Of course, it wasn’t always so. Incentive dates back to the 15th century, and comes from the Latin incentīvus, “incite to action.” It shares some linguistic DNA with incantāre, “chant” or “charm,” which evokes the image of a troubadour gently rousing a sleeping beauty with a lovely Renaissance melody. So what happened to our dear incentive?
Well, to put it bluntly, capitalism happened.
Incentive, in the sense most familiar to us, dates back to 1776, the year of publication of Adam Smith’s The Wealth of Nations, the founding text of classical economics. Economics, being a system of theories about life, is like philosophy, really, except that it has a compulsion to quantify everything in terms of money, which it believes is the one true yardstick. So on second thought, maybe it’s not really like philosophy, except in the most perverted sense. In any case, Smith defined incentive as a means of steering a market toward a balance of supply and demand (equilibrium). Import tariffs and tax exemptions are two such examples. Thus was our Renaissance melody stripped of its beauty, bent to serve the machinations of Industry.
On the actual nature of work itself, classical economics is silent. Intrinsic motivations, such as passion and altruism, and individual, societal, and environmental well-being, immeasurable qualities that they are, are labeled “externalities” and considered irrelevant. With those messy intangibles taken out of the equation, labor is neatly reduced to a commodity like any other, something to be exchanged (bought) for money (wages) on the labor market (that is, the open-air fair where people who need jobs meet employers who need employees).
Just like the prices for other goods, wages — the prices of labor — are supposed to serve as an incentive to attract the right workers to the right jobs. And, money only being useful insofar as it can be exchanged for other goods and services, the whole purpose of work, the “charm,” if you will, then becomes simply the ability to buy stuff. (Ad execs just love them some Adam Smith.) But the siren song of the Industrial Revolution fell on deaf ears. Most townspeople at the time were quite content to work just enough to provide for themselves, and no more. They were understandably loath to give up their self-sufficiency and leisure to be employed for long hours at meager wages in grim and grueling factories and mines, much to the consternation of the early industrialists. I mean, wouldn’t you be too?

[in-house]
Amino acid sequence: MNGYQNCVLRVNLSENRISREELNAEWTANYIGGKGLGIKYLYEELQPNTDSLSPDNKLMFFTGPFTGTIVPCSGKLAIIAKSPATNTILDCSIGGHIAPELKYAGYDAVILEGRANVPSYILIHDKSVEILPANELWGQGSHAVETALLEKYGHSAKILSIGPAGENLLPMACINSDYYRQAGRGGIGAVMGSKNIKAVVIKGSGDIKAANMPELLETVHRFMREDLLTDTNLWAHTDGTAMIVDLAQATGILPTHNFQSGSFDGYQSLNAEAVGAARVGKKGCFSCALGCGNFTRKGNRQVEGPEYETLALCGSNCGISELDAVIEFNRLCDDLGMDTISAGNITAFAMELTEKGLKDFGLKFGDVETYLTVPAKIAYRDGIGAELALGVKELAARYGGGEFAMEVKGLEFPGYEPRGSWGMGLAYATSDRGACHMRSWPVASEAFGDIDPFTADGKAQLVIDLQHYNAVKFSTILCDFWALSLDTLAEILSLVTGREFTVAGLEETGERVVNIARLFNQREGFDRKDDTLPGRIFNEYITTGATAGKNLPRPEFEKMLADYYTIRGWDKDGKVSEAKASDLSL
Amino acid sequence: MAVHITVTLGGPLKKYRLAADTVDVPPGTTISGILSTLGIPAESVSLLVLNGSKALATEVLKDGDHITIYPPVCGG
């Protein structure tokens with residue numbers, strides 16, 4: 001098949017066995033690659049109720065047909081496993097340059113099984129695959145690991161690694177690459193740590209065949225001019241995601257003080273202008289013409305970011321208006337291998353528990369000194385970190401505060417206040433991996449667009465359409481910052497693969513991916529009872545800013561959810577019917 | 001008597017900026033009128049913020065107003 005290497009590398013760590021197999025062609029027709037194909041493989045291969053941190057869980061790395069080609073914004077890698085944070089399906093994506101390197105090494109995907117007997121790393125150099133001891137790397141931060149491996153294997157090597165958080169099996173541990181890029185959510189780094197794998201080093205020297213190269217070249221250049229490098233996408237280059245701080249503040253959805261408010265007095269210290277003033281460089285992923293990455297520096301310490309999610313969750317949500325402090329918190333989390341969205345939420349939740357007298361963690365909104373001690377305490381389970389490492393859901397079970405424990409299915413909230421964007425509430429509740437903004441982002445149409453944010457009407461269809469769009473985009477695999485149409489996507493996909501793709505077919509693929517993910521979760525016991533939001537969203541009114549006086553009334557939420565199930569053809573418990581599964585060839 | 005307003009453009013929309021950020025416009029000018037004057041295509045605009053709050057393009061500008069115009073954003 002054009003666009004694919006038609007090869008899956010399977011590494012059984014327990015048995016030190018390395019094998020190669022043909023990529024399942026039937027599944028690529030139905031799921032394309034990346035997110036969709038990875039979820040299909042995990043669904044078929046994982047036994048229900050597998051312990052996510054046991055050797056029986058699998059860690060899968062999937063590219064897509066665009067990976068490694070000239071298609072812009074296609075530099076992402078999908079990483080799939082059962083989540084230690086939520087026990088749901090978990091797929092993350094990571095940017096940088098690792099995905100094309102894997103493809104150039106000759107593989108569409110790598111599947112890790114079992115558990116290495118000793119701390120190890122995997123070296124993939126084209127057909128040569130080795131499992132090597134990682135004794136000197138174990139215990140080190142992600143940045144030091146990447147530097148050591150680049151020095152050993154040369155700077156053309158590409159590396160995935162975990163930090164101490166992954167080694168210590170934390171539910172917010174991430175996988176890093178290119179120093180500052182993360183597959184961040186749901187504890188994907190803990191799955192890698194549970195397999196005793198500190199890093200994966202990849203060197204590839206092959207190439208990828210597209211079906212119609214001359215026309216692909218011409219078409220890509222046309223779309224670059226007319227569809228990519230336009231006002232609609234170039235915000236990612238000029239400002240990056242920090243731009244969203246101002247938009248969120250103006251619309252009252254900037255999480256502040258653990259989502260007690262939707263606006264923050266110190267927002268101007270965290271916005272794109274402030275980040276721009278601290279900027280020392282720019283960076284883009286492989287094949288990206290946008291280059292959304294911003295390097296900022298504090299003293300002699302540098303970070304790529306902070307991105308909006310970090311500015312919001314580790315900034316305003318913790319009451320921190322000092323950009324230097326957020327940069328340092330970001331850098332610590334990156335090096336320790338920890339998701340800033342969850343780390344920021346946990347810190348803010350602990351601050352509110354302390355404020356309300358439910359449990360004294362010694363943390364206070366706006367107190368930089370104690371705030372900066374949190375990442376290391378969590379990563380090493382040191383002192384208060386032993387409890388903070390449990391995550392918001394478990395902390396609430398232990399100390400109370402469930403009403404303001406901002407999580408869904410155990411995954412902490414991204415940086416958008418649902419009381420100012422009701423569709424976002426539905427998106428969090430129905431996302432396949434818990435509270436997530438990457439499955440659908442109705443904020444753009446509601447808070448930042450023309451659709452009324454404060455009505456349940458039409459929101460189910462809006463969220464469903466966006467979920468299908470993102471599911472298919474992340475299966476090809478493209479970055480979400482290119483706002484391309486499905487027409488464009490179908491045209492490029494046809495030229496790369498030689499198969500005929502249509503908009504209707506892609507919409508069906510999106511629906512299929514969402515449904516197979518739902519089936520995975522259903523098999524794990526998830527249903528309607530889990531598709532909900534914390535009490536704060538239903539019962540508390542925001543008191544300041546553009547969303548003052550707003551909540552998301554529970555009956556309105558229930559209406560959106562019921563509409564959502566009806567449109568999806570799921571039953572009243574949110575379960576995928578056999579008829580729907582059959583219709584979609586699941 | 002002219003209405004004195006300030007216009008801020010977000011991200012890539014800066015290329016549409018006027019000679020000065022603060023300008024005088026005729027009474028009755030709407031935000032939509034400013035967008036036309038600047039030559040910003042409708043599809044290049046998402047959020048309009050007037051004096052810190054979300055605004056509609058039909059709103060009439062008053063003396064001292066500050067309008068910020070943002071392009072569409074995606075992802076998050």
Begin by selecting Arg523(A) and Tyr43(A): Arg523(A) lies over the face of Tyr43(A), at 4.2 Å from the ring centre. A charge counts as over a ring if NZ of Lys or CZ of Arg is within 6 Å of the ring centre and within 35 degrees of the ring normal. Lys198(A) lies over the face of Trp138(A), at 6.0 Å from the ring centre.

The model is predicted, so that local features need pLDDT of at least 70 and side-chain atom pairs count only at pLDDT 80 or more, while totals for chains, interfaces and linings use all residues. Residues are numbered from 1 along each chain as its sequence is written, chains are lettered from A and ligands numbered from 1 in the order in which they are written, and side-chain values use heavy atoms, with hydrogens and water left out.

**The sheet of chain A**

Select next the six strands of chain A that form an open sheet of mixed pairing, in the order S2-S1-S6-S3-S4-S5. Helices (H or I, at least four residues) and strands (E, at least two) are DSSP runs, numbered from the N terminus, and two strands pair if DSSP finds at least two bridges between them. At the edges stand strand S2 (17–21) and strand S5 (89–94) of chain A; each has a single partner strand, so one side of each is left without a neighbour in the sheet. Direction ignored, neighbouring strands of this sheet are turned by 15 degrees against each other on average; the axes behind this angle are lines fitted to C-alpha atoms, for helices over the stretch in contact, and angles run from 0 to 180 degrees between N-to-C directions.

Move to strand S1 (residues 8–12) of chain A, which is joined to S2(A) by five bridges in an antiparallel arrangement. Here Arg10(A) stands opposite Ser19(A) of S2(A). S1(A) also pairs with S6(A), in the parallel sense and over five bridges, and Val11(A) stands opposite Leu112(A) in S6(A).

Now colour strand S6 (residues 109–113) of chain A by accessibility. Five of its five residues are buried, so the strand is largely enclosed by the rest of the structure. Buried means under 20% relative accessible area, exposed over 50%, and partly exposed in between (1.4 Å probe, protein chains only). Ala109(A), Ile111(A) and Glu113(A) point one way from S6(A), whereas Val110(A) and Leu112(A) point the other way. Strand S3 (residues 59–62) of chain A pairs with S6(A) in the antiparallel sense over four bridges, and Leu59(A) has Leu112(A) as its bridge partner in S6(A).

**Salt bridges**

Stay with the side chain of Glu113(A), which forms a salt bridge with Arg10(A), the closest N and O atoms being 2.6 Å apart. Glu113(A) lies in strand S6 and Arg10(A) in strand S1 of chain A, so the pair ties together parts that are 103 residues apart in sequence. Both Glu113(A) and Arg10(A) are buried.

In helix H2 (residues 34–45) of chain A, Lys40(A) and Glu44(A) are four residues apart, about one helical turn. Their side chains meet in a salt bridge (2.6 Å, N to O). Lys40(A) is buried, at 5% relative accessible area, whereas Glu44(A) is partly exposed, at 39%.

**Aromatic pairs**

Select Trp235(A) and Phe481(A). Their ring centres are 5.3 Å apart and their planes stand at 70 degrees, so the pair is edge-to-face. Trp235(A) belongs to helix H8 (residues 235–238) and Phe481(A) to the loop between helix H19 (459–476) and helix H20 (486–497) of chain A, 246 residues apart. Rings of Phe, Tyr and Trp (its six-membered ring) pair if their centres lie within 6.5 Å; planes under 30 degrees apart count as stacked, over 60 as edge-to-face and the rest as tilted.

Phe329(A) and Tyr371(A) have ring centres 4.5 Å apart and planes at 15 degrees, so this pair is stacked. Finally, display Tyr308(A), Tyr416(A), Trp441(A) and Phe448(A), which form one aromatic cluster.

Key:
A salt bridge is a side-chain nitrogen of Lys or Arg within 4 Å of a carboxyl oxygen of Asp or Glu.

Enter the Protestant work ethic. Captains of capital called upon men of influence to make work into a moral issue. Hard work — for another — is virtuous, they proclaimed; one must suffer on earth to be granted salvation up above, or else face eternal damnation. Needless to say, the superstitious scare tactics worked (pun intended). In fact, Americans’ fervor for work drew the admiration of visitors from around the world, including no less than Friedrich Nietzsche. And then, at the turn of the 20th century, the edicts of Calvinism and capitalism, both having assumed something akin to divine rule in our society by then, gave birth to consumerism. Case in point: Henry Ford did not offer his employees the highest factory wages of the time out of benevolence; he simply wanted them to buy more of the cars they were making.
It’s an unfortunate testament to the power of these myths that, even today, so many people still accept the surrender of much their waking life and autonomy to a boss and a paycheck as a fact of life, even if not in such overtly religious terms. It’s not that religion has disappeared; rather, it would be more accurate to say that a little of the Calvinist spirit was kept alive in the new consumerism of the American Dream, which became our object of worship from the 50s until recently. Anyone, no matter where they come from, can earn their spot in the ranks of the middle class, complete with car, house, picket fence, and manicured lawn, through the merits of their own hard work. At least, that’s how it’s supposed to be.